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Acts of Faith

A camp tries to reinvent the Hebrew language, so transgender kids can fit in

By Julie Zauzmer

August 11, 2016 at 6:00 AM

Sam Newman starts a cheer after lunch at Habonim Dror Camp Moshava on Monday in Street, Md. The campers rewrote their cheers this summer to use special gender-neutral Hebrew plural nouns. (Katherine Frey/The Washington Post)

When Zev Shofar, a 14-year-old from Takoma Park, started going to Jewish summer camp seven years ago, the children all learned the Hebrew words to introduce themselves. "Chanich" means a male camper; "chanichah" means a female camper.

But what if Zev didn't feel male or female — neither a chanich nor a chanichah?

Related: [Pope Francis says it’s ‘terrible’ that children are taught they can choose their own gender]

Zev's camp didn't have a word that worked for Zev. In fact, the Hebrew language doesn't have any words. Like many other languages — Spanish, French and Russian, for example — Hebrew assigns each noun a gender.

In Israel, or anywhere else that Hebrew is spoken, there's no linguistic solution, either. But now there is at camp. Zev is a chanichol.

The seven Habonim Dror camps, spread across North America, are pioneering a new gender-neutral form of Hebrew this summer. They hope to set an example that Hebrew-speakers worldwide might someday follow.

Related: [I’m a transgender Christian in North Carolina. My faith should not stop at the bathroom door.]

"It really reinforces the impact of summer camp as a safe space," said Sara Zebovitz, the North America director for Habonim Dror, a youth group based in Israel. "Camp has always made it okay to say, 'I can be myself here.' "

As Zebovitz spoke, the 80 campers spending the second session of the summer at Habonim Dror's Camp Moshava in Street, Md., jumped on the tables and chairs in the camp dining hall to scream their age in group cheers.

Those cheers have had to be rewritten this summer to fit the new gender-neutral Hebrew. Plural masculine nouns in Hebrew — including any group of people that includes at least one man — typically end in im, while feminine nouns end in ot. At Camp Moshava, all groups of both boys and girls now end in a blend: imot.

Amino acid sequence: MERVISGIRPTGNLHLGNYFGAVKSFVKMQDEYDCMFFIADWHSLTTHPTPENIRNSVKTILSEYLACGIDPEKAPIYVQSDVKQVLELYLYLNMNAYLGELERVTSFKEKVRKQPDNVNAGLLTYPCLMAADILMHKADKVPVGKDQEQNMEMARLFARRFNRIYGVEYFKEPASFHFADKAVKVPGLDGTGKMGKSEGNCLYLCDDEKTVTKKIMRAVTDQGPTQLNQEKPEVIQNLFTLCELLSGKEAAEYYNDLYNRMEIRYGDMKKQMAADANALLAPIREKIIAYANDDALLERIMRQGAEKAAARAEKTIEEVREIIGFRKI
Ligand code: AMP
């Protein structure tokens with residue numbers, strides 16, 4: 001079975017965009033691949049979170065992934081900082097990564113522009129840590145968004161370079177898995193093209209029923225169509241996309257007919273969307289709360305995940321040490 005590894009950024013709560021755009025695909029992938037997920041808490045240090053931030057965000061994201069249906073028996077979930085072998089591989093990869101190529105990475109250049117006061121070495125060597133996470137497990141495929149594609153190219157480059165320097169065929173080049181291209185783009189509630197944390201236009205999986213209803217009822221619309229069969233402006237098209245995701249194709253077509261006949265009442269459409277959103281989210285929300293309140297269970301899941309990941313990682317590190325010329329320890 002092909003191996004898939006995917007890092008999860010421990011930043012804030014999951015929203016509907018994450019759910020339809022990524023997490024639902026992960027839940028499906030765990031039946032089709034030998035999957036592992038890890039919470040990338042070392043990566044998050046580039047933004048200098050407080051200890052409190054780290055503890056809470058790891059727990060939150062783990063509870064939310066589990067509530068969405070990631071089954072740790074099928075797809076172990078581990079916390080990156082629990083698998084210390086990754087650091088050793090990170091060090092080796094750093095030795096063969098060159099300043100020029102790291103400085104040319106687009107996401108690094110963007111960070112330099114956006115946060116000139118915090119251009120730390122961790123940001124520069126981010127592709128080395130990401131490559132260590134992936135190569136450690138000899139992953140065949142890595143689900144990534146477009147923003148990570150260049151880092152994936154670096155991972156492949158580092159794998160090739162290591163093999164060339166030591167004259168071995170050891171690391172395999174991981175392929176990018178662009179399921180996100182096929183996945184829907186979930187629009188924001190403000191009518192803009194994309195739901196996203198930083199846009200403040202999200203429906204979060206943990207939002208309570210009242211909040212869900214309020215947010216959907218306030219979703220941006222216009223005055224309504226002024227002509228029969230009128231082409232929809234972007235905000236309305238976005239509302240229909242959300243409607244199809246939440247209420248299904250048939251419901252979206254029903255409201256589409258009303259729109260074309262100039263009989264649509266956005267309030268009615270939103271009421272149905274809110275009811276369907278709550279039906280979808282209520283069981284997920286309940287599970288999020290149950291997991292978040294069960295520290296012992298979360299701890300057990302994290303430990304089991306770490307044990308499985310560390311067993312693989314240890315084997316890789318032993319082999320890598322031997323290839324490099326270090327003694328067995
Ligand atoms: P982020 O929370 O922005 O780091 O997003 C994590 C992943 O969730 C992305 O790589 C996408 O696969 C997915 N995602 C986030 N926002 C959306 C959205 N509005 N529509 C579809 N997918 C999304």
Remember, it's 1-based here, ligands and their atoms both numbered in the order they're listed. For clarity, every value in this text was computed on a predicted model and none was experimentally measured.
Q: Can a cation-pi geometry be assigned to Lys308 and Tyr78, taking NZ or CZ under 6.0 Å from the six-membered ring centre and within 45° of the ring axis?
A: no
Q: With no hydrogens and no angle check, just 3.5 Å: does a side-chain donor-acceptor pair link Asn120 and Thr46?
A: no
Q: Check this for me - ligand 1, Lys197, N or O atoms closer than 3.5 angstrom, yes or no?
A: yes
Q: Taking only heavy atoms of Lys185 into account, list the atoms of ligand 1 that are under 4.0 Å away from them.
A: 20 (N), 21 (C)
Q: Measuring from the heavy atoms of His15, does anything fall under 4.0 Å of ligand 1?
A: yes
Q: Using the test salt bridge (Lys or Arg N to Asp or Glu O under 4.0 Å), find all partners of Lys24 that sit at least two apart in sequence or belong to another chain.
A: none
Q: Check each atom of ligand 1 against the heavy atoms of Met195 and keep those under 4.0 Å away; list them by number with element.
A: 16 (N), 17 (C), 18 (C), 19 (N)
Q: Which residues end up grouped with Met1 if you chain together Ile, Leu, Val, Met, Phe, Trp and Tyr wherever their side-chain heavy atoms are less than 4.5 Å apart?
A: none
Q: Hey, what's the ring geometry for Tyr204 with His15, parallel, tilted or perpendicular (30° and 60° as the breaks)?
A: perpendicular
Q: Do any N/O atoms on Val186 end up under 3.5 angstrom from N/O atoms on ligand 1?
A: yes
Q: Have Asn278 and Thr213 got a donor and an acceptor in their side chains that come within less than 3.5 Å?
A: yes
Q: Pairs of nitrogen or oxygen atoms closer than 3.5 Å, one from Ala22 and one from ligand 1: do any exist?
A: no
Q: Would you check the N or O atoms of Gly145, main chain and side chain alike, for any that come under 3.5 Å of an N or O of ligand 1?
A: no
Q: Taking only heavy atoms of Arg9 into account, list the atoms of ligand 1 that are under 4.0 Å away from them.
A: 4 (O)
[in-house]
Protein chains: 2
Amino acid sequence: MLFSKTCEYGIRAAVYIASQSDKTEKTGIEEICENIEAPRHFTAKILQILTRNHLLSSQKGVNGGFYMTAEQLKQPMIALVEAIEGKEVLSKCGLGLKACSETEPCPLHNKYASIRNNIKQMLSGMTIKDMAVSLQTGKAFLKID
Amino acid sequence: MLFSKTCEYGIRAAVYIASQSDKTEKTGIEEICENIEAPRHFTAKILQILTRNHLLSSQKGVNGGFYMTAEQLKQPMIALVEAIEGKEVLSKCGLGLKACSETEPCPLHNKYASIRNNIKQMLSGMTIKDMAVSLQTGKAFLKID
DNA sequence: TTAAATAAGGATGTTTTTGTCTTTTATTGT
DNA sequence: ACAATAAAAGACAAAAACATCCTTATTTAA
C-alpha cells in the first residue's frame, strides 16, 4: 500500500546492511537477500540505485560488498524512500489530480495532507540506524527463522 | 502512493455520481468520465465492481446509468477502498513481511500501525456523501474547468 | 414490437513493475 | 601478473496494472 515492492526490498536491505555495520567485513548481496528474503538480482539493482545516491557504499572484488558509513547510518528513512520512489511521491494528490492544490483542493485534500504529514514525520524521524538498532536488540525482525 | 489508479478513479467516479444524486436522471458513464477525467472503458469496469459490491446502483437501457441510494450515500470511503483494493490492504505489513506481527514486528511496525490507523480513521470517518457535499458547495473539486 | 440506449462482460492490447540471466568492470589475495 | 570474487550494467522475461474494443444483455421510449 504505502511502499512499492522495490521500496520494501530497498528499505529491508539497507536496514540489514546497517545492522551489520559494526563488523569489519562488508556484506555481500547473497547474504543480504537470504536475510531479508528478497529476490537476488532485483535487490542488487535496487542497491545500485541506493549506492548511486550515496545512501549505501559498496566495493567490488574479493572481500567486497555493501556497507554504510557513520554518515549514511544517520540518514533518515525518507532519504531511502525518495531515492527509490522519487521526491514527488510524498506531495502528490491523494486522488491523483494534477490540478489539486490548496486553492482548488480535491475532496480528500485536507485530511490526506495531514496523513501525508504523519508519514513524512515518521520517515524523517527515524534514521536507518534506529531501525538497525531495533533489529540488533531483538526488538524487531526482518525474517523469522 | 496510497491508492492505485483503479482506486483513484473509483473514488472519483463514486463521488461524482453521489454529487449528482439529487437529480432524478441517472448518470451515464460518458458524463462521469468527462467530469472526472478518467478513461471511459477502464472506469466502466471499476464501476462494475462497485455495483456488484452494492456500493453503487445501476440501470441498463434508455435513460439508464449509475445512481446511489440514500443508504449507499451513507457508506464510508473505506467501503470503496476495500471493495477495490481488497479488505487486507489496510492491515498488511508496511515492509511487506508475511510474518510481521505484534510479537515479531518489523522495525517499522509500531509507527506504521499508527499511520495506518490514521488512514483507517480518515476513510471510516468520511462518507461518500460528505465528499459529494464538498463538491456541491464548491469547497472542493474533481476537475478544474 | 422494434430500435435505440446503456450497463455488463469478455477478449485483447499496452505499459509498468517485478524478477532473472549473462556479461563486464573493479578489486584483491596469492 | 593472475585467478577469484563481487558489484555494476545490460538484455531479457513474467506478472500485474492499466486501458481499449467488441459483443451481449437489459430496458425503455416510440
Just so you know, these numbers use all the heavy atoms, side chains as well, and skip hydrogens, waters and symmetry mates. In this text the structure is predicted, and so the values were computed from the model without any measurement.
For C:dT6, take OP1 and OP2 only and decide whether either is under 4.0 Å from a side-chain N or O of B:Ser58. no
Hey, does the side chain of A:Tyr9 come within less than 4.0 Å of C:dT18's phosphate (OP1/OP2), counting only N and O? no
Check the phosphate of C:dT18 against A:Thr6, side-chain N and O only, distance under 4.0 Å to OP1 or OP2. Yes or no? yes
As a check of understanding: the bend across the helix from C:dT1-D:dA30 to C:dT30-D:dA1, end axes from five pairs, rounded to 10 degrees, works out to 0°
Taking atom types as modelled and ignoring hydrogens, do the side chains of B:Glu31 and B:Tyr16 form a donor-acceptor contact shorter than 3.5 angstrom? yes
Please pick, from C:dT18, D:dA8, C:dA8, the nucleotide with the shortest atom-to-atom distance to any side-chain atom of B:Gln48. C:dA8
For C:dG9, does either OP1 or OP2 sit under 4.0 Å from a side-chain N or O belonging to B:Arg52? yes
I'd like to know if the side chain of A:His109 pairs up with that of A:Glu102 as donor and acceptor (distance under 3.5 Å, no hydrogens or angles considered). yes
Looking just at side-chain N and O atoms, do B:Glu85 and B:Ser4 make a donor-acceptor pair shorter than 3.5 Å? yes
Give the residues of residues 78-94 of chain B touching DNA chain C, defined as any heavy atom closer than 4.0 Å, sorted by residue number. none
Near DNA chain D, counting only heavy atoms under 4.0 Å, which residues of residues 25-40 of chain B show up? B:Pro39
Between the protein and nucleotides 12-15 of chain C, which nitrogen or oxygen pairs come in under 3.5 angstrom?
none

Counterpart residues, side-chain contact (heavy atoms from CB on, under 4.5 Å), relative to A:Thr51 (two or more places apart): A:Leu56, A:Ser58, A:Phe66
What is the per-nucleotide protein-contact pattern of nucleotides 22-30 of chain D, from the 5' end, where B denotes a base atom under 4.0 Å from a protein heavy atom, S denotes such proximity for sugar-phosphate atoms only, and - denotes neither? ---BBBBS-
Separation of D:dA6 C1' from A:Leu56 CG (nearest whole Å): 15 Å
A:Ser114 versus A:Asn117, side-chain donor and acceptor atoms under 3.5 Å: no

That means the 15-year-old age group at camp, formerly the Bogrim, is now the Bogrimot. So their acrostic cheer ("B is for banana! O is for ostrich!") can no longer conclude, "I is for igloo! M is for maxipad!"

The 15-year-olds huddled at the beginning of the summer to pick more words to end the cheer, camper Sam Newman of Takoma Park says. They picked, "O is for orange! T is for turtle!"

Related: [Barber refuses to cut transgender Army veteran’s hair, citing the Bible]

Then there was the Nitzavim group, who used to chant the Zionist leader Theodor Herzl's famous line: "We are the Nitzavim! If you will it, it is no dream!"

Now Herzl's words get twisted a bit by the Nitzavimot: "If you will it, it is no dreamboat!"

Zebovitz said that the issue of gendered language in Hebrew came up at a conference for Jewish camps, and none of about 50 other camps had thought of changing the language. And some camp alumni have criticized Habonim Dror's move, complaining that the camps are teaching the children fake Hebrew that they won't be able to use in the outside world.

In Israel, some LGBT communities have adopted the –imot plural, but few seem to have decided on a non-binary singular.

"They're talking about it. But no one's coming up with a solution yet," Zebovitz said. "We can't wait around."

Related: [‘I never wanted to be gay’: Christian musician comes out, in a moving letter to fans]

So Habonim Dror decided on its own that –ol would be its singular non-binary ending, based on the word kol, which means "all."

That's the ending for any camper or counselor who doesn't use either "he" or "she" as a pronoun in English, picking "they" or another non-binary option instead. At every Habonim Dror camp, there's at least one such participant, Zebovitz said.

Jen Silber, Camp Moshava's executive director, said one counselor and three campers at the Baltimore-area camp use non-binary pronouns this summer.

That includes Zev, who used male pronouns for six summers at camp, then came out as non-binary this year. "People are accepting," Zev said. Still, Zev's fellow campers are learning. "They really suck at remembering and using my correct pronouns all the time."

Zev lives in a boys' tent this summer, but has discussed the possibility of living in an all-gender tent in the future.

Zev Shofar, 14, passes their plate to Arielle Gottlieb, 17, as campers eat lunch. (Katherine Frey/The Washington Post)

Zebovitz said that the camps accommodate transgender campers in either boys or girls tents, wherever they feel comfortable, and makes sure every camp has gender-neutral bathrooms somewhere on the grounds. They haven't yet had a camper who doesn't feel comfortable in either gender's tent. They're considering what they'll do when that situation arises.

Related: [The Catholic Church puts one foot forward on the path to including women]

This is a camp where those conversations feel normal. On Monday morning this week, 30 teenagers convened in an open-air pavilion for a discussion.

They sat cross-legged or stretched out on their stomachs, some subtly subverting the gender binary as they talked. A male counselor leading the group sported silver studs in each ear and thumbnails flicked with glittery nail polish; one male camper was braiding a gimp chain, and another wore a "Bill for First Lady" T-shirt. Not all the girls in their summer shorts and tank tops shaved their legs or armpits.

The topic? "The patriarchy."

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Julie Zauzmer is a religion reporter.

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